|Tasty street foods to try this winter|
With the arrival of winter’s cold bite comes a variety of Korean winter snacks and foods. Savory and sweet winter street snacks like bungeoppang, hotteok, baked sweet potatoes, and hoppang, along with traditional winter dishes such as gimjang kimchi, tteokguk, and manduguk are some of the most loved winter foods. Not only do they bring back childhood memories for Koreans, but they also help everyone forget about the chilly winter weather.
A common winter street scene in Korea is that of food carts selling bungeoppang (붕어빵) on street corners. Bungeoppang is made by pouring flour dough into the bungeo (carp)-shaped black cast iron mold and filling it with red bean paste. While its red bean paste filling recipe may be similar to that of danpatppang (bread filled with red bean paste), a bite of bungeoppang packs a distinctly warm and sweet taste. Bungeoppang can vary slightly in shape and color depending on the amount of flour used and the baking time, but the taste is a crowd-pleaser.
Hoppang, the pre-cooked treats, are usually warmed in a steamer or microwave before being eaten. Traditionally hoppang is filled with red bean paste, but other fillings include meat, cheese, vegetables, sweet potatoes, pizza toppings, sweet pumpkin, and more. Moreover, the shape of hoppang has become more varied over time.
Roasted Chestnuts (군밤)
Roasted chestnuts (군밤) are one of the most popular winter snacks as they can easily be prepared at home. Roasted chestnuts take a long time to cook thoroughly but long cooking time ensures that you get most flavor out of it. They are usually sold near traditional markets in small paper bags for 2,000 to 3,000 won.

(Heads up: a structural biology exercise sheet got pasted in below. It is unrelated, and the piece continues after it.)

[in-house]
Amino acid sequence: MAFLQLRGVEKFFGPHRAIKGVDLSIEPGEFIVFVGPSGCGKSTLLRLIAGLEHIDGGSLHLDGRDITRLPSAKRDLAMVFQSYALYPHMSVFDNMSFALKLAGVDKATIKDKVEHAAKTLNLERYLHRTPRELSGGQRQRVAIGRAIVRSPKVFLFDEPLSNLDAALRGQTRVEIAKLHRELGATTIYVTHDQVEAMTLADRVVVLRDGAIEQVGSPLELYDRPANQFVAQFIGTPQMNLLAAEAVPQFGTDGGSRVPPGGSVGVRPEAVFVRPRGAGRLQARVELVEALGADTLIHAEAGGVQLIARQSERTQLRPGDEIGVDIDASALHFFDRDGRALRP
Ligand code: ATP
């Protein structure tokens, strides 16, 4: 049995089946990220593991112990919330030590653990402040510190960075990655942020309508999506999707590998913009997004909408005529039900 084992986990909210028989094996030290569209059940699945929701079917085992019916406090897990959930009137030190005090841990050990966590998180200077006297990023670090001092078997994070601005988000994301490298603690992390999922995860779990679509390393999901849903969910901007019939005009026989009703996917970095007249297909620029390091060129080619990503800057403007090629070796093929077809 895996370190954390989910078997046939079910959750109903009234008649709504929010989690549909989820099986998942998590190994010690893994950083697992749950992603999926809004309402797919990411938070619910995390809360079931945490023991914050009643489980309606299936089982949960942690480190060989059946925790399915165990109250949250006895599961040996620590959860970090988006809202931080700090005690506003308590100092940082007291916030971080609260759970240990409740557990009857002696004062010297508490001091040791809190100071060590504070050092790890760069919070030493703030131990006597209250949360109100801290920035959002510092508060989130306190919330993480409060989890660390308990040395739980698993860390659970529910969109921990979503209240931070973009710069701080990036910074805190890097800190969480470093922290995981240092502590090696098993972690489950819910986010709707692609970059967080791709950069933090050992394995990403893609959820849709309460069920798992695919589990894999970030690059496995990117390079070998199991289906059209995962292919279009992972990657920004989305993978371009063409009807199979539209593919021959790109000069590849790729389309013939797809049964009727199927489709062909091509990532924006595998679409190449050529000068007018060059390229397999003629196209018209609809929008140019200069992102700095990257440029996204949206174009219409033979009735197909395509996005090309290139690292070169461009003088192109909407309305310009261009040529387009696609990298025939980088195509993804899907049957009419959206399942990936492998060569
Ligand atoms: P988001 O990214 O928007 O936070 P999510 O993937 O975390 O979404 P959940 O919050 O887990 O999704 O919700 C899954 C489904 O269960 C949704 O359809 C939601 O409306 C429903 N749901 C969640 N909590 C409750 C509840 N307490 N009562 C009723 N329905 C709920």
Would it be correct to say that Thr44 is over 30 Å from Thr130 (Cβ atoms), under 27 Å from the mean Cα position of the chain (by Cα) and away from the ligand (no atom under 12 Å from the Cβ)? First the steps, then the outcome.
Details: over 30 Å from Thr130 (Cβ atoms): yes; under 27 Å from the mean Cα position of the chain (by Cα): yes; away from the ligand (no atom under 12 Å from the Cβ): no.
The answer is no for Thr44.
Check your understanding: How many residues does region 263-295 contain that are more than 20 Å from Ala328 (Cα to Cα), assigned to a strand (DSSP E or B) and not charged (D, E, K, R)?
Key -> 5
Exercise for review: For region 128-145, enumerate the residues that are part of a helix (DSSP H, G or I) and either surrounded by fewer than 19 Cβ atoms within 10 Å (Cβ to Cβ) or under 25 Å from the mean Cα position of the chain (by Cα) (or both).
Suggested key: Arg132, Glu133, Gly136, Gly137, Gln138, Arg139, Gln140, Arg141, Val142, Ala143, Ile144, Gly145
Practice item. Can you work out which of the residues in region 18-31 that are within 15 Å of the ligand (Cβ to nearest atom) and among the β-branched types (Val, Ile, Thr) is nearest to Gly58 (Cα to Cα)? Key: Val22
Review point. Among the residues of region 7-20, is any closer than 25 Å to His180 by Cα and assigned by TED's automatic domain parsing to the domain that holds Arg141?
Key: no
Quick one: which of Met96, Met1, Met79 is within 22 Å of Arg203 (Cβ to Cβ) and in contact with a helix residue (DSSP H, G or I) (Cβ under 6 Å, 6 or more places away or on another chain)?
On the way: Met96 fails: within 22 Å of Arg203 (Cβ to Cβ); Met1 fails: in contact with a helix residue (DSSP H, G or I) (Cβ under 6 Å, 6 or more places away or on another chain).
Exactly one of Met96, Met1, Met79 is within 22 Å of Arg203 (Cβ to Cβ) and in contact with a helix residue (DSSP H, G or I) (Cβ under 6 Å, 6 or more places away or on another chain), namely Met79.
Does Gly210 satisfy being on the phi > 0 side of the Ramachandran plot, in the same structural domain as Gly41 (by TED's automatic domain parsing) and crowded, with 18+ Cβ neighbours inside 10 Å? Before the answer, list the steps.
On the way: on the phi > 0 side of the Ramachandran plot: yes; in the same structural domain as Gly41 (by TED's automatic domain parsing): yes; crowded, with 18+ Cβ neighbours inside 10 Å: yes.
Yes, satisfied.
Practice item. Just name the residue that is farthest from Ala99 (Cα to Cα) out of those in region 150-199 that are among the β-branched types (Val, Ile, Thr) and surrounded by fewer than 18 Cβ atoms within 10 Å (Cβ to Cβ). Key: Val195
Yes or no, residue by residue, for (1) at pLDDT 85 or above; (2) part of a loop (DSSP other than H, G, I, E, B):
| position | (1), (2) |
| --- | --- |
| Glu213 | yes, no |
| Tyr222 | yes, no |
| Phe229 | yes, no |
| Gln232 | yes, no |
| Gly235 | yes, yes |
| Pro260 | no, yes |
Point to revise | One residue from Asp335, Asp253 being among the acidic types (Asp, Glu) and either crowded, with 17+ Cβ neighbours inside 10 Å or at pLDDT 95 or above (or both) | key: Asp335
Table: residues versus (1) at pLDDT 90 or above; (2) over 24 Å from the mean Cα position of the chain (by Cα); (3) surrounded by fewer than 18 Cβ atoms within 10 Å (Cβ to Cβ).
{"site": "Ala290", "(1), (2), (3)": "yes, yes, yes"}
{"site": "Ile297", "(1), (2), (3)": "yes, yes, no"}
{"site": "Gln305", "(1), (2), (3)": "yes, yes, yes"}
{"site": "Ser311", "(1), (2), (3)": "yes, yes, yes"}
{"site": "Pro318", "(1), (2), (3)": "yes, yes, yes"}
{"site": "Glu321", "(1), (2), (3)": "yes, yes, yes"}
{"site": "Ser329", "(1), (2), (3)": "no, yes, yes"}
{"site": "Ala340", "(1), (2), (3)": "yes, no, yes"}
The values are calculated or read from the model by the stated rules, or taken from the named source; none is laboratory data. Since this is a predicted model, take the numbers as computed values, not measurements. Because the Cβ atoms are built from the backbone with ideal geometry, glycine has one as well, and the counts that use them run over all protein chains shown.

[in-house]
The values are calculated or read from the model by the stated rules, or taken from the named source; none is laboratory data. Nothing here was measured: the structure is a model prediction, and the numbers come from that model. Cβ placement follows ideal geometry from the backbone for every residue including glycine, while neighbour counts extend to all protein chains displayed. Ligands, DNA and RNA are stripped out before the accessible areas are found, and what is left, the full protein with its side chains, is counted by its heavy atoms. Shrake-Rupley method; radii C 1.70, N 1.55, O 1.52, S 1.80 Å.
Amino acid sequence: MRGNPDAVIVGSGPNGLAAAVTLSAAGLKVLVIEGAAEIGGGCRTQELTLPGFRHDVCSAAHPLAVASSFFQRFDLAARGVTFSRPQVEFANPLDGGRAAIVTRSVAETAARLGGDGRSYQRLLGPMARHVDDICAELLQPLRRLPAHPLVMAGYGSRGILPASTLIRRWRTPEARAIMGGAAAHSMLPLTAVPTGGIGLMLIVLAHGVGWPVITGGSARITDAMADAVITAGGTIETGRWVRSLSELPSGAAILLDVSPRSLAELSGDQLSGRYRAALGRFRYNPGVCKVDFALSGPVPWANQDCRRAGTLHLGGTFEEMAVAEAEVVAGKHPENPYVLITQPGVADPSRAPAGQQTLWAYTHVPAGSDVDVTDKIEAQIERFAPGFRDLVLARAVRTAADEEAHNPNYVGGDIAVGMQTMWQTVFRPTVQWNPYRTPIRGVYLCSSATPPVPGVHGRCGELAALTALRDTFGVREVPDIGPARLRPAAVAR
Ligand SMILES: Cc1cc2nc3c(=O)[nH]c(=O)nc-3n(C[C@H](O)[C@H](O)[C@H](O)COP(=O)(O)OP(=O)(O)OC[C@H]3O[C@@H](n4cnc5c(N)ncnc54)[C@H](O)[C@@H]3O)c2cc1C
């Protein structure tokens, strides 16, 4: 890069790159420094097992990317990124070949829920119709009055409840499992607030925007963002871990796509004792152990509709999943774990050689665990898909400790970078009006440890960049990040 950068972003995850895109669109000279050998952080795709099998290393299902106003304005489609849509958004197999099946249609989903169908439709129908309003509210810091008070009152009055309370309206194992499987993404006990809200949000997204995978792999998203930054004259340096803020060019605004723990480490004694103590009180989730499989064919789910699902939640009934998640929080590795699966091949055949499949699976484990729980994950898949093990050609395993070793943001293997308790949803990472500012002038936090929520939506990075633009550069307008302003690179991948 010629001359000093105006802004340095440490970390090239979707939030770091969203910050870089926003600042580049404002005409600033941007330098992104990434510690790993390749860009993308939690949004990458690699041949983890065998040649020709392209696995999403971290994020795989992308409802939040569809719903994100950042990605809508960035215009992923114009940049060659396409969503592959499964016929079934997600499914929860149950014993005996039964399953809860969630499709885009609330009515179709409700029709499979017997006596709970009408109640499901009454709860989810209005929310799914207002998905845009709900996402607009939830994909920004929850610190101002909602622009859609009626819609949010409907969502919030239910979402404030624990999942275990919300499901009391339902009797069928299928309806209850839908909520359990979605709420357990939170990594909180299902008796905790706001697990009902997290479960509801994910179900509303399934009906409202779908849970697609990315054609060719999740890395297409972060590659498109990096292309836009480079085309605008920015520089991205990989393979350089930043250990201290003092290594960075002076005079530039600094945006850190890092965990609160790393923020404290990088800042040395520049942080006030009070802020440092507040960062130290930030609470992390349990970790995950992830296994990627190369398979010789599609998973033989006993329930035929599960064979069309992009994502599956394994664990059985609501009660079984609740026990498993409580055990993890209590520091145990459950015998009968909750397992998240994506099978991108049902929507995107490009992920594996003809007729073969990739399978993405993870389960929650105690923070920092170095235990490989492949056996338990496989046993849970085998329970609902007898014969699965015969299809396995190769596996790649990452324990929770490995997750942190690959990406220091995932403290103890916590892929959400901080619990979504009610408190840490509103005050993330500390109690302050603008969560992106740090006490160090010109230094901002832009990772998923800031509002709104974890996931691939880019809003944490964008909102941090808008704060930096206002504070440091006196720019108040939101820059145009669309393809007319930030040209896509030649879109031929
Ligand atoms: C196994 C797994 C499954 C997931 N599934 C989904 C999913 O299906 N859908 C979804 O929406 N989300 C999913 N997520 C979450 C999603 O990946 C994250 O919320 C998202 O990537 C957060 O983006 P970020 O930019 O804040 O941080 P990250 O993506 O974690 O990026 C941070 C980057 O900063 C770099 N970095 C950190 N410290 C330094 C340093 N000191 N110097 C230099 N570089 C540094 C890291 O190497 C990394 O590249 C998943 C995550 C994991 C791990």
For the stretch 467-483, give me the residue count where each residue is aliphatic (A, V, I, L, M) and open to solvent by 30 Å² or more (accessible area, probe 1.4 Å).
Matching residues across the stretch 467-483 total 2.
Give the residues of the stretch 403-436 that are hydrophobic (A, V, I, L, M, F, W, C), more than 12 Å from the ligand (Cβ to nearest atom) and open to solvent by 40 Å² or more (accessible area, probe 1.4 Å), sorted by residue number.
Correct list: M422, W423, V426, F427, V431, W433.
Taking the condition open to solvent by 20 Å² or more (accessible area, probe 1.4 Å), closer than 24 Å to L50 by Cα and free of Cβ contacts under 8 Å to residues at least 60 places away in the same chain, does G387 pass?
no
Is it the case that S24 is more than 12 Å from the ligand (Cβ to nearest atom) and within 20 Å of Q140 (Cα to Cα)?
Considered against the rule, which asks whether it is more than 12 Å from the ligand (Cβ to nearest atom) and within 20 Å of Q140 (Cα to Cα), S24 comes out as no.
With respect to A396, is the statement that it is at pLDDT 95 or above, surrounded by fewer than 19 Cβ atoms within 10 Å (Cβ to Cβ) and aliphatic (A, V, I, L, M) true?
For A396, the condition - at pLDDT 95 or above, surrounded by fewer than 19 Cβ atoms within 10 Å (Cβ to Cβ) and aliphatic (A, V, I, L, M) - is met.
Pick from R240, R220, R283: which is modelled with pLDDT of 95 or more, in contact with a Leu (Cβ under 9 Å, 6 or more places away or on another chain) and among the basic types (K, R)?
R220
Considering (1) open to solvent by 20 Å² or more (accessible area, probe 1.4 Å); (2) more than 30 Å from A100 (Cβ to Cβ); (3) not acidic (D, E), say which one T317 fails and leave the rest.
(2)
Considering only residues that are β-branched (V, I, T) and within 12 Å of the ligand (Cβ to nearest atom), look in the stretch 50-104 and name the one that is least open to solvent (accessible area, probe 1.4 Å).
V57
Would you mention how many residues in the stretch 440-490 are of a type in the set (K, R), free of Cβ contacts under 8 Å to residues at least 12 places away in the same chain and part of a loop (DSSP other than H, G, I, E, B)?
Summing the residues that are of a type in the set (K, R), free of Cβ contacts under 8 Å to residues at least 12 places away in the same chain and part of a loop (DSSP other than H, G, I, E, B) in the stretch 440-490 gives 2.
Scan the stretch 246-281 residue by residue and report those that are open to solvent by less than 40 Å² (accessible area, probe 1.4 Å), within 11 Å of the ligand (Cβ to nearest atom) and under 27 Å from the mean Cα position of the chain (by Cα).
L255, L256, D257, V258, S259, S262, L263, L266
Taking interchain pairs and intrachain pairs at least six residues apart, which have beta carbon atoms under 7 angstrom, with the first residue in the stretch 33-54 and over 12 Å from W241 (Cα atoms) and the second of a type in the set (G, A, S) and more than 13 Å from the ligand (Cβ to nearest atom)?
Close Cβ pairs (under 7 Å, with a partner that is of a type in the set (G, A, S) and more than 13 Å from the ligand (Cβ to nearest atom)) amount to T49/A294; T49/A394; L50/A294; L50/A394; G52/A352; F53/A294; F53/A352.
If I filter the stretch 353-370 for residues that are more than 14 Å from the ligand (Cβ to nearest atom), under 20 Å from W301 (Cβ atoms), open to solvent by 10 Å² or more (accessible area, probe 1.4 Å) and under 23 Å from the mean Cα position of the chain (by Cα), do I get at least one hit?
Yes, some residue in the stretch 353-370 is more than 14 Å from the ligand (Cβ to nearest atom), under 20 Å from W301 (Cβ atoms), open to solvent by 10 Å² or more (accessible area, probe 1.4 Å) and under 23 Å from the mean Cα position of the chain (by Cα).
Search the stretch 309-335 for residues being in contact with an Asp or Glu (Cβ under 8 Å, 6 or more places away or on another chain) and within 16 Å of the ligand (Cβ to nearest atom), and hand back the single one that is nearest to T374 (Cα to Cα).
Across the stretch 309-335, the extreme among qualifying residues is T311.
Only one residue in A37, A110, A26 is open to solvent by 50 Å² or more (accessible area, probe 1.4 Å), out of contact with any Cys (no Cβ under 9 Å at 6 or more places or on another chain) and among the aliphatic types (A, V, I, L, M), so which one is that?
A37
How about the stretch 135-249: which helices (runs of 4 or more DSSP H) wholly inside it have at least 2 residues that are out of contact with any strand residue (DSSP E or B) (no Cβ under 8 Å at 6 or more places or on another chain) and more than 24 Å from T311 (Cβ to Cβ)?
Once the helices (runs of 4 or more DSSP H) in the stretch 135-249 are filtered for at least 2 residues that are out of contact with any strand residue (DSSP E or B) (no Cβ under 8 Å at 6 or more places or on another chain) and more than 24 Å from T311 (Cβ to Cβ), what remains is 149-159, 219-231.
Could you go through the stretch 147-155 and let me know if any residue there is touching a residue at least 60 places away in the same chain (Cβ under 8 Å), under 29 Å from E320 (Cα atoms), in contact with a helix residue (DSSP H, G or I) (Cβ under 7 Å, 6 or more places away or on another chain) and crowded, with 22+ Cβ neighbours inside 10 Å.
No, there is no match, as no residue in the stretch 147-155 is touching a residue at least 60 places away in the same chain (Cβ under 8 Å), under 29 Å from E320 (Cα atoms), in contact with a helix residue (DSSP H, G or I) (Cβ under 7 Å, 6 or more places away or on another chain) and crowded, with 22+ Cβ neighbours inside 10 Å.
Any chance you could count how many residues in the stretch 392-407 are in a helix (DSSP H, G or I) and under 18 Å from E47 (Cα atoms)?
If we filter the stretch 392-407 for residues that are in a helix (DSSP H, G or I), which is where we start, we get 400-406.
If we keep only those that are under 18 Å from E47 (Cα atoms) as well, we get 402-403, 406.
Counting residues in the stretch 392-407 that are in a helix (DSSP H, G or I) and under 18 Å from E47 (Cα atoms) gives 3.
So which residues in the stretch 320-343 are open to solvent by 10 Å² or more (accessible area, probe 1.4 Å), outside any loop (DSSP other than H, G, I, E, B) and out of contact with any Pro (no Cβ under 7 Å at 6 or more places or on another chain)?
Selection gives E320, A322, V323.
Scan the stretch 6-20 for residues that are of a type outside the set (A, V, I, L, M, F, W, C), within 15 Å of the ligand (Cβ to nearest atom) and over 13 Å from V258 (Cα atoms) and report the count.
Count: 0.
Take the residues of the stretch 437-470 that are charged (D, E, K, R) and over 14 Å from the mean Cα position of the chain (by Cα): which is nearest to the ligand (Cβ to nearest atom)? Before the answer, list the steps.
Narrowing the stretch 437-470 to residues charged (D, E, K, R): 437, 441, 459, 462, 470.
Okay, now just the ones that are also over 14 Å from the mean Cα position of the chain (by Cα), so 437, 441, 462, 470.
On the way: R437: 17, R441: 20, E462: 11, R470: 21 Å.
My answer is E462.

Tteok-bokki (떡볶이) is a widely popular dish in Korea that has a very distinctive spicy, yet sweet, flavor. The main ingredient of tteok-bokki is garae-tteok (rice cake formed into a long white cylinder shape), which is mixed with eomuk (fish cake) and various vegetables like onions, cabbage, and carrots, and red pepper paste. The mixture is heated and served with a hot cup of broth that the eomuk was cooked in.
Kkochi Eomuk (꼬치 어묵)
Yet another favorite street food snack that Koreans like to eat as the temperatures drop is kkochi eomuk (꼬치 어묵; fish cake skewers). Eomuk is prepared on skewers then boiled in a broth flavored with radishes and kelp. Unlike tteok-bokki, eomuk is not spicy and is a great complement to help soothe the spicy taste of tteok-bokki. Kkochi eomuk usually cost anywhere from 500 to 1,000 won and are often sold at the same stands as tteok-bokki.
Hotteok (호떡) is a traditional winter snack that is easy to make. In winter, places such as Insa-dong and Namdaemun Market in Seoul are dotted with hotteok vendors serving up these delicious little pancakes. Hotteok is made with dough from glutinous (sticky) rice flour and filled with a spread made from sugar, peanuts, and cinnamon. The round and flat pancakes are then lightly fried in oil. Some of the recent variations include hotteok stuffed with vegetables or seeds. Be careful when you take that first bite, though the brown-sugar filling is delicious, it is often very hot. Like many of the other street foods in Korea, hotteok is a steal at only 700 to 1,000 won apiece.
Last updated on October 21, 2014